It is for this reason that the Biden administration launched a new policy to choke off Chinese access to AI and semiconductor technologies. Starting October 7, 2022, leading designers such as Nvidia and AMD can no longer sell their high-end semiconductor chips to China. In addition to cutting out China, the US is boosting semiconductor production at thome. The July 2022 CHIPS Act strengthens research, design and manufacturing of semiconductor chips in the US. The SIA informs us that this legislation would “fortify the economy and national security, and reinforce America’s chip supply chains.”
National security has come into question because most cheap chips come from China and a significant percentage of high-quality ones come from Taiwan. If war broke out between China and Taiwan, the US could be in trouble. Unsurprisingly, even fractious Washington, DC had to respond and it has done so decisively.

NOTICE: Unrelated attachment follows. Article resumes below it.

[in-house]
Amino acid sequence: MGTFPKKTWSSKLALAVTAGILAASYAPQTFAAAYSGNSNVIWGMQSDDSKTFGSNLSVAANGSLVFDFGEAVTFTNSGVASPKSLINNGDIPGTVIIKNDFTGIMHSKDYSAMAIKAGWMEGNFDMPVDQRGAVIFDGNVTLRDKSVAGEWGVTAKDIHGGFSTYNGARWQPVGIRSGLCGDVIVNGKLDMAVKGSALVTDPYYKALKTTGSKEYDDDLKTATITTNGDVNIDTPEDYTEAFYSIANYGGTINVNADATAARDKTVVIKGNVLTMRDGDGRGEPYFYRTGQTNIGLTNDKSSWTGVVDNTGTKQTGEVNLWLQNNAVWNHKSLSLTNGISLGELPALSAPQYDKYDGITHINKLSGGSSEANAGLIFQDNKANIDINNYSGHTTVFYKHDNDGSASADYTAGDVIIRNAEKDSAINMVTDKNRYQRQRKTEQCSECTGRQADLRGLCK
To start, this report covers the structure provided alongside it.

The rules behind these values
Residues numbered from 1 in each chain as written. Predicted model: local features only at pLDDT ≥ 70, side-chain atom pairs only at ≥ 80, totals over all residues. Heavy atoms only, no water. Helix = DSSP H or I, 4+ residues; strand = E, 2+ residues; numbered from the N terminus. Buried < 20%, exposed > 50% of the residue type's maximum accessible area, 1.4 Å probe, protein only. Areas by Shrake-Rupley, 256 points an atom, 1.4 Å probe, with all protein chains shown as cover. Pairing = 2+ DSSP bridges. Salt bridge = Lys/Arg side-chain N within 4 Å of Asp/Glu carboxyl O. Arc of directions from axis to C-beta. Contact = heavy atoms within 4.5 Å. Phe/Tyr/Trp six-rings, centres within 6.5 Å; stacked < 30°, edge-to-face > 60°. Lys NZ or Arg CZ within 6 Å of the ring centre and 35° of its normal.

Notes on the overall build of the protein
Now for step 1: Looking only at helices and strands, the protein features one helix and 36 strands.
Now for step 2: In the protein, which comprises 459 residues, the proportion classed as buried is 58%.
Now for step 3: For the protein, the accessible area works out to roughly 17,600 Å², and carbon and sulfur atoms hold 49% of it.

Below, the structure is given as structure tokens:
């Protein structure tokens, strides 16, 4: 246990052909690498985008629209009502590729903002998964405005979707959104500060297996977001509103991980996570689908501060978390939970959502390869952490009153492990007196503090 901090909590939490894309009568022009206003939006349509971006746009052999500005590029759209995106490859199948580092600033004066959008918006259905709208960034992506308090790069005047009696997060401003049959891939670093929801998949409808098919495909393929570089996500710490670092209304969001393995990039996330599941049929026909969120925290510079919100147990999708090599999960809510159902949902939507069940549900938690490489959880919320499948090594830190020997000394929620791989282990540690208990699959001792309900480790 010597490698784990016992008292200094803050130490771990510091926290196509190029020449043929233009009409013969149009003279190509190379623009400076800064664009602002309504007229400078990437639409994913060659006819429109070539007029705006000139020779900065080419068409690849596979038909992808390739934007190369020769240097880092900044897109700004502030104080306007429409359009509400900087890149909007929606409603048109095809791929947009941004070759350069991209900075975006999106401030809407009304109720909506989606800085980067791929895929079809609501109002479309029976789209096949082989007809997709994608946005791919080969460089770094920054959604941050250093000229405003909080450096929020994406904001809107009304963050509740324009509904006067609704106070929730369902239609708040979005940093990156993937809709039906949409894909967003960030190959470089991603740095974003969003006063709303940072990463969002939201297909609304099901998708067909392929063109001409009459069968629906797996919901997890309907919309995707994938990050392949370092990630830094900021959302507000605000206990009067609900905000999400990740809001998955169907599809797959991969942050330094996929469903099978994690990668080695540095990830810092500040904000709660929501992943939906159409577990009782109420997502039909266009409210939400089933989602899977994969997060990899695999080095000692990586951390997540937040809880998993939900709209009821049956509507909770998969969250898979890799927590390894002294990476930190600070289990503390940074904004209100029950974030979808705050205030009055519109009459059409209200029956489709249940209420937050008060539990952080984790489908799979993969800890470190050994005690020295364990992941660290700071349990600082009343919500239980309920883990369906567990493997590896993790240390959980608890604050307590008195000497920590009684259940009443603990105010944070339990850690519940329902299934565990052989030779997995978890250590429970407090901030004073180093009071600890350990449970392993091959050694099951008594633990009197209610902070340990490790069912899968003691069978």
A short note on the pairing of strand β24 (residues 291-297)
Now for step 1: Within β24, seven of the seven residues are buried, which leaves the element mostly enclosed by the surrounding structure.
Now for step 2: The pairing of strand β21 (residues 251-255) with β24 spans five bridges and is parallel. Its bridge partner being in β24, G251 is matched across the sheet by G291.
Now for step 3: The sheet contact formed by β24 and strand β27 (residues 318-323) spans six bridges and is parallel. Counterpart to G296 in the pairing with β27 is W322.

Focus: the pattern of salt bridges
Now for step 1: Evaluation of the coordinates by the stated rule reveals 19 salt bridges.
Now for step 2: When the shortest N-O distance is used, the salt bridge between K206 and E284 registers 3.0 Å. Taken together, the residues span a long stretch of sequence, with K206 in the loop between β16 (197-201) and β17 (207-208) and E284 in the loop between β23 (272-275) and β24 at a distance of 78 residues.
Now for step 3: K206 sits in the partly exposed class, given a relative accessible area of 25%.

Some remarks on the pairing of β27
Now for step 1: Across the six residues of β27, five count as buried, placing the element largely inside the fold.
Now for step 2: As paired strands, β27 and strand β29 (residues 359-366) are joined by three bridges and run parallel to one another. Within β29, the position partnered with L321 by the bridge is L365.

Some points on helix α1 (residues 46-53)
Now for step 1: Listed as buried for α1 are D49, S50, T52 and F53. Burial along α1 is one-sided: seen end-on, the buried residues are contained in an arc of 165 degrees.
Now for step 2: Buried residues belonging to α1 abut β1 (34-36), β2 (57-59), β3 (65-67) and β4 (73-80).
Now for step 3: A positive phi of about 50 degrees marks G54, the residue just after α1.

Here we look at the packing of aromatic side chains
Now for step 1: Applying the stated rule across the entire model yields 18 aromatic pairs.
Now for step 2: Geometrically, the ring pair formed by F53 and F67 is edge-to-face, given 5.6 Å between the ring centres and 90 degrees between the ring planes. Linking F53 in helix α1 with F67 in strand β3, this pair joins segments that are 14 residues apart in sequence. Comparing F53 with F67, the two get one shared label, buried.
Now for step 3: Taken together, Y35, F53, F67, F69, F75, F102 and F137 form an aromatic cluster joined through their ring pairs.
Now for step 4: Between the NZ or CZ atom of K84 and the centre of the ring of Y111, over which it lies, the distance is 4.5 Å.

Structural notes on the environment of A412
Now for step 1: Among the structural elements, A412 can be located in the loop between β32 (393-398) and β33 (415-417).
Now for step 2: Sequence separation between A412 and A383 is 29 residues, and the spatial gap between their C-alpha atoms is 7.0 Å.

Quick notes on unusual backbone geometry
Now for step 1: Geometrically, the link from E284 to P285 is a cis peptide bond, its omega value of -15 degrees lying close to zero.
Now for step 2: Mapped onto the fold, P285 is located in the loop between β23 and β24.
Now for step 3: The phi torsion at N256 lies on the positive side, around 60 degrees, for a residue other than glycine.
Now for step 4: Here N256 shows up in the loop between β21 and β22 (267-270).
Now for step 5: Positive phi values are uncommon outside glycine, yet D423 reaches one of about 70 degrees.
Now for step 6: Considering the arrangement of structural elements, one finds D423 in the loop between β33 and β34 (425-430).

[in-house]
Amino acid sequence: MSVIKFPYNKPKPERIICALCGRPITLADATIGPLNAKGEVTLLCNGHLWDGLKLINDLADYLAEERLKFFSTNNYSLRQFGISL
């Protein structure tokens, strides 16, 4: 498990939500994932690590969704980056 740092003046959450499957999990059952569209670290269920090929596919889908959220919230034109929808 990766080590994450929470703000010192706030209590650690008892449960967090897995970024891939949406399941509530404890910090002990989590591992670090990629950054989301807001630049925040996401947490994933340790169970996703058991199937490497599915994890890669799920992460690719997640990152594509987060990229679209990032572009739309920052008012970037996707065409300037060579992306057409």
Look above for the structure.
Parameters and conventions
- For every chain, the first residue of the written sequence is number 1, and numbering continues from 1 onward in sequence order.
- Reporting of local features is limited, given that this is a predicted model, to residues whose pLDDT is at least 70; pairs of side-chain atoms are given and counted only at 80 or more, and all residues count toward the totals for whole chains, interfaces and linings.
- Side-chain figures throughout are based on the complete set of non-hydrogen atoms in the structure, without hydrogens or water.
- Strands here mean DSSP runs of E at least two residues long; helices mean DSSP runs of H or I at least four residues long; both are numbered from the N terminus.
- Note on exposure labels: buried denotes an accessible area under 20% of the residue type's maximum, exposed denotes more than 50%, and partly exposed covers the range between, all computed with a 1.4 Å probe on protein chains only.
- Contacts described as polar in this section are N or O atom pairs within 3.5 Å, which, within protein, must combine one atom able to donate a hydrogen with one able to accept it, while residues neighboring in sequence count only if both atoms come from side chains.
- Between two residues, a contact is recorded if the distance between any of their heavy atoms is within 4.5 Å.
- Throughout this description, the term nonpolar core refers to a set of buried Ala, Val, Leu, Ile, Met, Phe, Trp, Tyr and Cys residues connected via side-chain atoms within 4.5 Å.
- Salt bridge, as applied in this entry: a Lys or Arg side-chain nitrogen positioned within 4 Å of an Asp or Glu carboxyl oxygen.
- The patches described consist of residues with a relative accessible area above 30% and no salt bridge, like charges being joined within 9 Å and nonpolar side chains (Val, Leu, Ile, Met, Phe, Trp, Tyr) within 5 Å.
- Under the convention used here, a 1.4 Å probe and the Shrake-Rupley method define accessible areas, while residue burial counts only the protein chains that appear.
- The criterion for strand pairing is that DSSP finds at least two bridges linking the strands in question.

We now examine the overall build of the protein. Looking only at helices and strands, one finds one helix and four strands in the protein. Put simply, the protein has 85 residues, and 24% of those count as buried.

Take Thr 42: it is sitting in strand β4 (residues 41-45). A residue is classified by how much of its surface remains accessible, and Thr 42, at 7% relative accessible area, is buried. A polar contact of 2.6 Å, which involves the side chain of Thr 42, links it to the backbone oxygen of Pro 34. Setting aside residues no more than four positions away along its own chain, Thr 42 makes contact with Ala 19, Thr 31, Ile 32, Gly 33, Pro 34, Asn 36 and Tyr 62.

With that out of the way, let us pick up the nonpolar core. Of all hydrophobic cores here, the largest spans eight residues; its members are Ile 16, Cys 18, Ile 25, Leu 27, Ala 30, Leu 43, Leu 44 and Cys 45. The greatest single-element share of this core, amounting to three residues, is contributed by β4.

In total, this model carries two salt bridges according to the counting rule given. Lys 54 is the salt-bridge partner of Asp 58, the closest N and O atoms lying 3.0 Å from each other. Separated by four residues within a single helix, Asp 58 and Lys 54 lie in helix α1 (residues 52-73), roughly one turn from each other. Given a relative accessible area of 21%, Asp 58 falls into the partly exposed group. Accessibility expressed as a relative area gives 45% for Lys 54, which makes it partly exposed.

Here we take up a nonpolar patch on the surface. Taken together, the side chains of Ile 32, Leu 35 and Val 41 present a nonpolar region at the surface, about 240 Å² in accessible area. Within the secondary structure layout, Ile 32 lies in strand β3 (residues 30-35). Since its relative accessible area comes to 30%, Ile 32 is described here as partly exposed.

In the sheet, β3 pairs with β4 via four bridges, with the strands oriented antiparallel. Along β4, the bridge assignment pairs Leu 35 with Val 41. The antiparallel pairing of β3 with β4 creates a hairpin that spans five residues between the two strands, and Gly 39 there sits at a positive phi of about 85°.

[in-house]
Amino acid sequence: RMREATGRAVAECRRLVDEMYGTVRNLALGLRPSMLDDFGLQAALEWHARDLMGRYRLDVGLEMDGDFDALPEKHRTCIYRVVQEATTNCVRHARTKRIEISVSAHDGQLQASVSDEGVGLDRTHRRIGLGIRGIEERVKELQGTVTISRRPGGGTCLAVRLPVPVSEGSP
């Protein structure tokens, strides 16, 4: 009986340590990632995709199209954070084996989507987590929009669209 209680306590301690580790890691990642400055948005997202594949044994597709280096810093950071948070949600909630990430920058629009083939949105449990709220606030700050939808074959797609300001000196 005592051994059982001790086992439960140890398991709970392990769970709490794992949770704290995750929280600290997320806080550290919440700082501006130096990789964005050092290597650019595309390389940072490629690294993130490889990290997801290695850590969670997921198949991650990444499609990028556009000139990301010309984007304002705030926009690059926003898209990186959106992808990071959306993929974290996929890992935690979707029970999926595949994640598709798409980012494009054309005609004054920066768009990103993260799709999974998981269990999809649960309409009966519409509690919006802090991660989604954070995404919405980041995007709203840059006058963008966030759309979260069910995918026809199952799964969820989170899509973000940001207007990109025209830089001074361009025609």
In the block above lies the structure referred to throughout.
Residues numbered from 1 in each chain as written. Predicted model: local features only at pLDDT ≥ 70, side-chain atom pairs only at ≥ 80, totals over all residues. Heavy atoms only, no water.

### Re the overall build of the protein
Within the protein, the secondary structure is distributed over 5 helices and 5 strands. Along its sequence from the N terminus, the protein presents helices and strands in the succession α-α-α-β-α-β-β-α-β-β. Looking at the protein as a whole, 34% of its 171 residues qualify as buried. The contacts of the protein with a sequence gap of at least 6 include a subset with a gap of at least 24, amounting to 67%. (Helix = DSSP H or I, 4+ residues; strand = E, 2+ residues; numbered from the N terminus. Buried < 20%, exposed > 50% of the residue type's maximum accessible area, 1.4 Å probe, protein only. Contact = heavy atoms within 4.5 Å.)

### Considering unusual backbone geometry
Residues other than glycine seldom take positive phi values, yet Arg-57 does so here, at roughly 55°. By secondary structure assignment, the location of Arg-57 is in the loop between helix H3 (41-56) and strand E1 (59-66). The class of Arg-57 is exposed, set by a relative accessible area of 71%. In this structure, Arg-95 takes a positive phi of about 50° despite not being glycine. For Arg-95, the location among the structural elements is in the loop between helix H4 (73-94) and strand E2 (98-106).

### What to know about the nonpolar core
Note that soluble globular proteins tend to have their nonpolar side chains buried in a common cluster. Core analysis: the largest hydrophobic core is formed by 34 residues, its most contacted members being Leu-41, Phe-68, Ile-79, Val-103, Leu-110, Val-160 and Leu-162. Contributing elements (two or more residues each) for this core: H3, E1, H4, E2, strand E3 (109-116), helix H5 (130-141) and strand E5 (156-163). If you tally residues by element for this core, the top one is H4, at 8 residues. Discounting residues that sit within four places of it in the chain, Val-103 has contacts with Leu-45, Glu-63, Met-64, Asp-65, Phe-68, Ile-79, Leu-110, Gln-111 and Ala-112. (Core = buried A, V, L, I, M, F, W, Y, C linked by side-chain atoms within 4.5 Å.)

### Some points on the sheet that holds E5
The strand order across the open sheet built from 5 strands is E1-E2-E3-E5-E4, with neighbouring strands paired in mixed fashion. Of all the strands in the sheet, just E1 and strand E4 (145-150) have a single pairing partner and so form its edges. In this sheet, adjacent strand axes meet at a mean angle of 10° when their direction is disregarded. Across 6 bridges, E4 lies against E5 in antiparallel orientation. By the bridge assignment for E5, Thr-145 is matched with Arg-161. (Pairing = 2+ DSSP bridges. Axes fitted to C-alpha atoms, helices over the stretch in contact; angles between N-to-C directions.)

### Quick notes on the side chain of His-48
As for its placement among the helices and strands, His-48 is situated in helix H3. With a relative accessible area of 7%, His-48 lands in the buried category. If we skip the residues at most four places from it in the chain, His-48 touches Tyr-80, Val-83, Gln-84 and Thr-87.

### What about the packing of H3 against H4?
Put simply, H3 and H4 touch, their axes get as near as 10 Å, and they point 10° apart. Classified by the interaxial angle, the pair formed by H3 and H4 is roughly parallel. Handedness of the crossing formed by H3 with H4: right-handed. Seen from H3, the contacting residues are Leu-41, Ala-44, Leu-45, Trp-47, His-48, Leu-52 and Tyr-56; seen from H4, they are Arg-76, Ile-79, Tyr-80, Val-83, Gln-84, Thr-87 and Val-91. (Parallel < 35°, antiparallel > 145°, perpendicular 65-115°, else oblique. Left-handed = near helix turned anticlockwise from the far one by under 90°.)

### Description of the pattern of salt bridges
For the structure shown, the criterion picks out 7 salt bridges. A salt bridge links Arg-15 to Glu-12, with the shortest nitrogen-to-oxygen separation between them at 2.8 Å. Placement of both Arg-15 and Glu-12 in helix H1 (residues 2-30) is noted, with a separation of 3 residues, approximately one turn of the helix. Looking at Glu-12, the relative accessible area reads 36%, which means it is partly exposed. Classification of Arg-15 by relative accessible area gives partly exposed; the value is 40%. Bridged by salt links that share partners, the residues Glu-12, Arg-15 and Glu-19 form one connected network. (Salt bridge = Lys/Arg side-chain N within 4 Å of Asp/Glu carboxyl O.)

CNN tells us that the US “is pulling out all the stops to boost domestic semiconductor manufacturing.” Gone are the days of free trade. US President Joe Biden has launched a full scale industrial policy to dominate a critical technology. In the 1960s, the Soviet Union and the US embarked upon a space race. Now, a full on semiconductor fight has begun.
The views expressed in this article are the author’s own and do not necessarily reflect Fair Observer’s editorial policy.